It’s the last place you would expect to find a woman making a career: lying in the dirt on the edge of a cliff. Hunkered under the rock five meters from me is Justine Wintjes, archaeologist and Fine Art lecturer at the University of the Witwatersrand in Johannesburg. Under her keen eye is a rare rock art panel of stooped over black figures frozen for hundreds of years on the stone. Every now and again, her short cropped hair, black with a stripe of dyed pink fluorescent, bobs up and down as she sketches in the damp.
“In Africa, you can’t walk two meters without finding an artefact,” says Wintjes.
Below is a sheer drop to the village of Quthing, 183 kilometers South of Maseru, the capital of Lesotho. The squawks of chickens and barks of dogs drift up as people go about their daily lives. In many ways it was a mundane day in a strange place to be on the verge of an ancient art discovery.
“I just always loved old things. I was fascinated by ruins and abandoned buildings and old stuff. At some point I realized that through rock art I could combine my background in fine arts and archaeology.”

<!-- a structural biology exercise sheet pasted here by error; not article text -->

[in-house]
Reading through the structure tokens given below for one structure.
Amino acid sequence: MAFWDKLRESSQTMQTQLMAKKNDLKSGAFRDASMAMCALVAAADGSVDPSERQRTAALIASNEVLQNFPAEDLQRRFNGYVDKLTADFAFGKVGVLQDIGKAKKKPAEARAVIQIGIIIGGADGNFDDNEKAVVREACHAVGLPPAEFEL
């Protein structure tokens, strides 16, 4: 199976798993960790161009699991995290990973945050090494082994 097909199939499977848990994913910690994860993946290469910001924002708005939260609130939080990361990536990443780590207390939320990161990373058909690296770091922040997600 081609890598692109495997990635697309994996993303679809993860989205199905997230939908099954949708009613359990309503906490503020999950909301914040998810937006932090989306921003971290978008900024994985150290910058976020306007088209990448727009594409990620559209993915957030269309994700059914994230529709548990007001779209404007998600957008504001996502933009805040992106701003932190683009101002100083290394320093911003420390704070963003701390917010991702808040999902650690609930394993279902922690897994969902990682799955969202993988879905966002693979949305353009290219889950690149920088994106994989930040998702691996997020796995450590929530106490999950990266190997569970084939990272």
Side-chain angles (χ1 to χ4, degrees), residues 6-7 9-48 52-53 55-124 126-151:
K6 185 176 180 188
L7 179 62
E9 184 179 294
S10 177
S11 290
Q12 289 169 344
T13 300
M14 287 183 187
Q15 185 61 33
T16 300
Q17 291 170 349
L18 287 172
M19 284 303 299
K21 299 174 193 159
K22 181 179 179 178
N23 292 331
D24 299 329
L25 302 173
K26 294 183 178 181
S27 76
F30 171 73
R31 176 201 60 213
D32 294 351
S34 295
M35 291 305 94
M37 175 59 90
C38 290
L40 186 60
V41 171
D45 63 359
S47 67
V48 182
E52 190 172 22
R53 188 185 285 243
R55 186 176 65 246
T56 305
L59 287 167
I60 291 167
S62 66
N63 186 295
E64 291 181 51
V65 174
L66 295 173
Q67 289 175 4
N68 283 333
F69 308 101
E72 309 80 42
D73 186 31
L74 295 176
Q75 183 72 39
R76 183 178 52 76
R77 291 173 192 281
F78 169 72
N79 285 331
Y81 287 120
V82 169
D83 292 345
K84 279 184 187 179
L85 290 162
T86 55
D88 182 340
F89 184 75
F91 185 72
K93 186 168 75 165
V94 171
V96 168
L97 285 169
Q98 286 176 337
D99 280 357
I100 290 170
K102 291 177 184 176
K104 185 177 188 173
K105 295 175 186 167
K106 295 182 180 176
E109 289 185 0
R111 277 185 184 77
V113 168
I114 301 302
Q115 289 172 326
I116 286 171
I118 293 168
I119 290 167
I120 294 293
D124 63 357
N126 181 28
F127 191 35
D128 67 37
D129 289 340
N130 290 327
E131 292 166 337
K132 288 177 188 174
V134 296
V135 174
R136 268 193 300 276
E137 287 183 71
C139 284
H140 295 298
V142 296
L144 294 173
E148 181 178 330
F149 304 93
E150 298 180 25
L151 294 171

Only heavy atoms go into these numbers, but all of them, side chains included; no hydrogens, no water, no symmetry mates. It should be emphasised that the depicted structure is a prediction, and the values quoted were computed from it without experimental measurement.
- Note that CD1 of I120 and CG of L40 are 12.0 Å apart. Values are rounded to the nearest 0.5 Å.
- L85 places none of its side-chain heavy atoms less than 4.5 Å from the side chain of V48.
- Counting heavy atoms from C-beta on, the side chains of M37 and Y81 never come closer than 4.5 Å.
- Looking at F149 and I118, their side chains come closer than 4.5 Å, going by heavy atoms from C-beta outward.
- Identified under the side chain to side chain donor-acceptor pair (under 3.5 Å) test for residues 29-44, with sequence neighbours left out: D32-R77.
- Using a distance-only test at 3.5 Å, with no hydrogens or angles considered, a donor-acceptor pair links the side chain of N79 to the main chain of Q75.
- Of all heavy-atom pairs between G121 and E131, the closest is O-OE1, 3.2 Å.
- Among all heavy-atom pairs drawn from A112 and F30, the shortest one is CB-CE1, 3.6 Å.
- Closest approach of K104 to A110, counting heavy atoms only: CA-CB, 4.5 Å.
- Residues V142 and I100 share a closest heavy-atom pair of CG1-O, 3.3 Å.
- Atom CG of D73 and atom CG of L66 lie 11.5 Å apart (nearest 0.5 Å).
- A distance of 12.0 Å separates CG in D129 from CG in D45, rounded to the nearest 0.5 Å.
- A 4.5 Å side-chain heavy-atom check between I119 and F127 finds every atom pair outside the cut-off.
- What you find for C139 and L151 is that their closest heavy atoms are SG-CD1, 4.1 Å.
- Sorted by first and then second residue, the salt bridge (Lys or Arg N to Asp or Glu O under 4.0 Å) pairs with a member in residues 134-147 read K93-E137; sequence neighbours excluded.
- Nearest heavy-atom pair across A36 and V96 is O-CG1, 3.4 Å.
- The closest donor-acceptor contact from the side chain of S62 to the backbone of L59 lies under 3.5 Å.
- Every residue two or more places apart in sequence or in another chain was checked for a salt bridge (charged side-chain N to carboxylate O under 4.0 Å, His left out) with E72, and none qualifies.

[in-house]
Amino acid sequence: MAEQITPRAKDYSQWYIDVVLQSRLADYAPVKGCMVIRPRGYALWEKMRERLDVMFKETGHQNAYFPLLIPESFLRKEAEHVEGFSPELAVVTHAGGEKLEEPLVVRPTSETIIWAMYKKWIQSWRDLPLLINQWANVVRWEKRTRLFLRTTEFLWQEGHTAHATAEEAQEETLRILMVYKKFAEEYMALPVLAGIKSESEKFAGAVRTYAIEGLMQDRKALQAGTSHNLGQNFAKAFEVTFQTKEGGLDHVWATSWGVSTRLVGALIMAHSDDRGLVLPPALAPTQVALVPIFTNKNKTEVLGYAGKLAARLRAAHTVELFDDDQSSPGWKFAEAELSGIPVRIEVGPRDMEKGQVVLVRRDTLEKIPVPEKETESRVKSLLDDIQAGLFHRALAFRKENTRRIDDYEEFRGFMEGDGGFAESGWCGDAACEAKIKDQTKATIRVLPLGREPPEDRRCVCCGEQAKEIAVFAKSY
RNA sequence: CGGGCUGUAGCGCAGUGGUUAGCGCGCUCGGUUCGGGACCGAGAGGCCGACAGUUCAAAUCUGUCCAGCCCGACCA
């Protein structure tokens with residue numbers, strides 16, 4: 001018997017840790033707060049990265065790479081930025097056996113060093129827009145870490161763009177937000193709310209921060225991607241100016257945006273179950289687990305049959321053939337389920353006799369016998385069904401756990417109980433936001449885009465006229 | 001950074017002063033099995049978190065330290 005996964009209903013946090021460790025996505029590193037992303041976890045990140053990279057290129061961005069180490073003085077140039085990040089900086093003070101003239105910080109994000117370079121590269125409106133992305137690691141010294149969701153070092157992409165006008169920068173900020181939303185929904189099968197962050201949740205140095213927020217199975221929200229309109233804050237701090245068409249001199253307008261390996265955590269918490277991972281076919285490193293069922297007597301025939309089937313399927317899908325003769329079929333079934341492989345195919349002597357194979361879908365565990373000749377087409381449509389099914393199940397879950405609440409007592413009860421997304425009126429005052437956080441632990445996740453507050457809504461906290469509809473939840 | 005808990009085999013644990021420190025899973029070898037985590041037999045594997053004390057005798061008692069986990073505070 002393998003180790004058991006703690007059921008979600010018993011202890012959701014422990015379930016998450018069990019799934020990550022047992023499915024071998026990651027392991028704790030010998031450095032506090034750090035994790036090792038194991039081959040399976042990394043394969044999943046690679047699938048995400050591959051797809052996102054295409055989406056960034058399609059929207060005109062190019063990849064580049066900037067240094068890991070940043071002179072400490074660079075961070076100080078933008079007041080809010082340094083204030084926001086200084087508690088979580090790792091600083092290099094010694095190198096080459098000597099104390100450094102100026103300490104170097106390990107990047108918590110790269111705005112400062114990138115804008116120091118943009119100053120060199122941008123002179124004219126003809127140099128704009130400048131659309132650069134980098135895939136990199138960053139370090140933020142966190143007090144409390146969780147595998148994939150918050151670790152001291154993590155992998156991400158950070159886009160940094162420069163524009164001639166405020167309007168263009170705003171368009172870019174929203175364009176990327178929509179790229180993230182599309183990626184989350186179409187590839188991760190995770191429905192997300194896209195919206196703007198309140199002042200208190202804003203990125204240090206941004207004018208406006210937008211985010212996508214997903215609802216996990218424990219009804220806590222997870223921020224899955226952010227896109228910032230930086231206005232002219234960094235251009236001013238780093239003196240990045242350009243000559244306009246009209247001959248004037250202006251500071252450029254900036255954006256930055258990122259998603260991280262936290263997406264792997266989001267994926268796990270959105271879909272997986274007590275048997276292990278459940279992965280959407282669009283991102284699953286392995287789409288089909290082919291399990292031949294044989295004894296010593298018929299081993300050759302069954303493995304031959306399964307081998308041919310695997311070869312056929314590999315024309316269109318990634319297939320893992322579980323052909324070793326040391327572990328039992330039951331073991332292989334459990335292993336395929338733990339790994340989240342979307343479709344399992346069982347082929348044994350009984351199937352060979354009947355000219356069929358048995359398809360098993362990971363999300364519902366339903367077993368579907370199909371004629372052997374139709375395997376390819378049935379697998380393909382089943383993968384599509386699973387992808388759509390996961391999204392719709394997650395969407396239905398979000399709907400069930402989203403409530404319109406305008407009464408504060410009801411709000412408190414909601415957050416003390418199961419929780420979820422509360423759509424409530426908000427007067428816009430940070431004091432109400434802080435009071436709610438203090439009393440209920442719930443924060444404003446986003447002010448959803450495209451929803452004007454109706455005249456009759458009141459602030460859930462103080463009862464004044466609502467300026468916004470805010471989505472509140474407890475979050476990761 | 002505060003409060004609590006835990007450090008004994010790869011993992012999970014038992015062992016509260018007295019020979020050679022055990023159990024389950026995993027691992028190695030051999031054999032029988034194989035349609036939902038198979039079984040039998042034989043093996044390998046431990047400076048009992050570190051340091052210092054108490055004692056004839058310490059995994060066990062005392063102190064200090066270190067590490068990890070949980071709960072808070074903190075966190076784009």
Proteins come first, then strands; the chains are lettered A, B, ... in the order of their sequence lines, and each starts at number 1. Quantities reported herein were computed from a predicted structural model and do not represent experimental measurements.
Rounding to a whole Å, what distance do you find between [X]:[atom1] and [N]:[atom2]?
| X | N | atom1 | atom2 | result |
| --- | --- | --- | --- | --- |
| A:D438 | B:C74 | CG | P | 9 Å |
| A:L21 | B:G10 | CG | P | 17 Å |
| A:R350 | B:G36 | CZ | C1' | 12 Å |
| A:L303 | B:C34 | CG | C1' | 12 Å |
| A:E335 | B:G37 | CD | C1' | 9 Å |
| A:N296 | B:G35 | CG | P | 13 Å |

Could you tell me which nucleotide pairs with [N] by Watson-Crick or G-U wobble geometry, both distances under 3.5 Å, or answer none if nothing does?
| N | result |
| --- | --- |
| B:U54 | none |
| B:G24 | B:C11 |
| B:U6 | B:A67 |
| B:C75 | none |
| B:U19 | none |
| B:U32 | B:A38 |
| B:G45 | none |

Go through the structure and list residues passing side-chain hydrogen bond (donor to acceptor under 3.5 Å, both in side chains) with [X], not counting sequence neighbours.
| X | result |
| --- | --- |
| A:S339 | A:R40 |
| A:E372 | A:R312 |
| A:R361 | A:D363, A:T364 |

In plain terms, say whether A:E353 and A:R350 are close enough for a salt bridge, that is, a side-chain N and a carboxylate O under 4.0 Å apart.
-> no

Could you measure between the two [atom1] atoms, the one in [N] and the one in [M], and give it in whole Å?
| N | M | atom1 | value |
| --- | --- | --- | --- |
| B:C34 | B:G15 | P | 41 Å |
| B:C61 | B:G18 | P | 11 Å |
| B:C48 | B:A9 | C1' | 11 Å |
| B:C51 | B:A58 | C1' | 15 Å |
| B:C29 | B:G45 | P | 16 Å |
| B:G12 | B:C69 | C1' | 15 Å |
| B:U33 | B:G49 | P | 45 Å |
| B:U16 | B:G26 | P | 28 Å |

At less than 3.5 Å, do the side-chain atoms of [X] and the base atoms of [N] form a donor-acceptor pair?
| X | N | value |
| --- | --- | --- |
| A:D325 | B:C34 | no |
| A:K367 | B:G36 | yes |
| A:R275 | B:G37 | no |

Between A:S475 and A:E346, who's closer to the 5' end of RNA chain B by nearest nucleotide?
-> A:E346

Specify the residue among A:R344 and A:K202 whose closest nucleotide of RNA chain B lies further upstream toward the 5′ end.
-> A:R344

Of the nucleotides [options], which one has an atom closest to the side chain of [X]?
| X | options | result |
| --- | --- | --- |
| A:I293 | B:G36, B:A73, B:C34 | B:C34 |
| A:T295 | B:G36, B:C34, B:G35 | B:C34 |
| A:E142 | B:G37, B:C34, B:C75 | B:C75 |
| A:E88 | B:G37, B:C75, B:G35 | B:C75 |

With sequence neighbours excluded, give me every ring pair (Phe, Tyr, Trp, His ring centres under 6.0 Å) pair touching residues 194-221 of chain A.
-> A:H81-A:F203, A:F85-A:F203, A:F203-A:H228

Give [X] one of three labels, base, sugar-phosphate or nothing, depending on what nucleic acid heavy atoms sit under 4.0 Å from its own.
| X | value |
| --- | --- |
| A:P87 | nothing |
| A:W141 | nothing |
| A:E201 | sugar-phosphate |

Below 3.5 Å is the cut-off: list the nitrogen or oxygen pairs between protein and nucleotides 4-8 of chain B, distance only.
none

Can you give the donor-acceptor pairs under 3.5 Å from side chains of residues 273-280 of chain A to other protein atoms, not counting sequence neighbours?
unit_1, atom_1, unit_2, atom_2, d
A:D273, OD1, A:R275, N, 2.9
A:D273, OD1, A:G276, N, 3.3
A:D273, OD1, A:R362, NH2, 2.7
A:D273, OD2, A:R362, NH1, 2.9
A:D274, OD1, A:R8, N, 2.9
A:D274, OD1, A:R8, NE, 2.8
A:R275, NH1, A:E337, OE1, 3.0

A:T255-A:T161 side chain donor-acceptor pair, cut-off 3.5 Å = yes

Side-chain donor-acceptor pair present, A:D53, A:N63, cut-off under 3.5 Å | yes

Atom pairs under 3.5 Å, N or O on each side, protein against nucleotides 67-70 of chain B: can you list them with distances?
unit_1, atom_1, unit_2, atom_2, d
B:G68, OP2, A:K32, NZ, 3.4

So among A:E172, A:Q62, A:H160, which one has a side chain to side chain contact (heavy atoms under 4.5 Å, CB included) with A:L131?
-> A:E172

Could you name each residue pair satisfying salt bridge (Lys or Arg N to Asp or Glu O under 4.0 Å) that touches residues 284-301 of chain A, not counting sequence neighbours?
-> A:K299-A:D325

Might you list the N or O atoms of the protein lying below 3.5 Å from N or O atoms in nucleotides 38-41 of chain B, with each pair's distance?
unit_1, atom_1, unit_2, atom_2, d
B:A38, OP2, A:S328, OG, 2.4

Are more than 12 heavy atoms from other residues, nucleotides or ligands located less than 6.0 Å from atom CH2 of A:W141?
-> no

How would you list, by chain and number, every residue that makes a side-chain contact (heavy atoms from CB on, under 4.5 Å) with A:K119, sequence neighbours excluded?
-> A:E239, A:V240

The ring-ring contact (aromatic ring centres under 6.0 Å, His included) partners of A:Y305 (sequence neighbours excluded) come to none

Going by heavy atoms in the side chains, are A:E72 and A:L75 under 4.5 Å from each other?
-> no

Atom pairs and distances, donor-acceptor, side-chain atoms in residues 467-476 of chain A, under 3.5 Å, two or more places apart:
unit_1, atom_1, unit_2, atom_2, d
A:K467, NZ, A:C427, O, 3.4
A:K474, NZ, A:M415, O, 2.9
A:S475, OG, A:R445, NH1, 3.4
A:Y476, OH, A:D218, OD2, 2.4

Wintjes and her team may have a host of digital gadgets to help guide them, but they still had to do good old-fashioned leg work in Quthing. They needed the help of the people to find the locations.
“Nowadays, because of online digital data, you can do a lot of preparatory fieldwork. Fieldwork on the internet, looking through books, through archival material you have collected digitally. You get a really good sense of where things are. But you are never entirely certain. You get errors in the archival system, or things that are slightly misleading. For example the two sites that we visited on this trip had the same name in the catalogue, but were in two very different sites. They were not even particularly close. Those are the sorts of things you can only find in the field,” says Wintjes.
“It’s a very exciting field particularly in Africa, given the antiquity we have on the continent. But there aren’t enough archaeologists, or art historians. There aren’t enough people interested in these fields. They really are important.”
So ends the discovery between a rock and a hard place to find.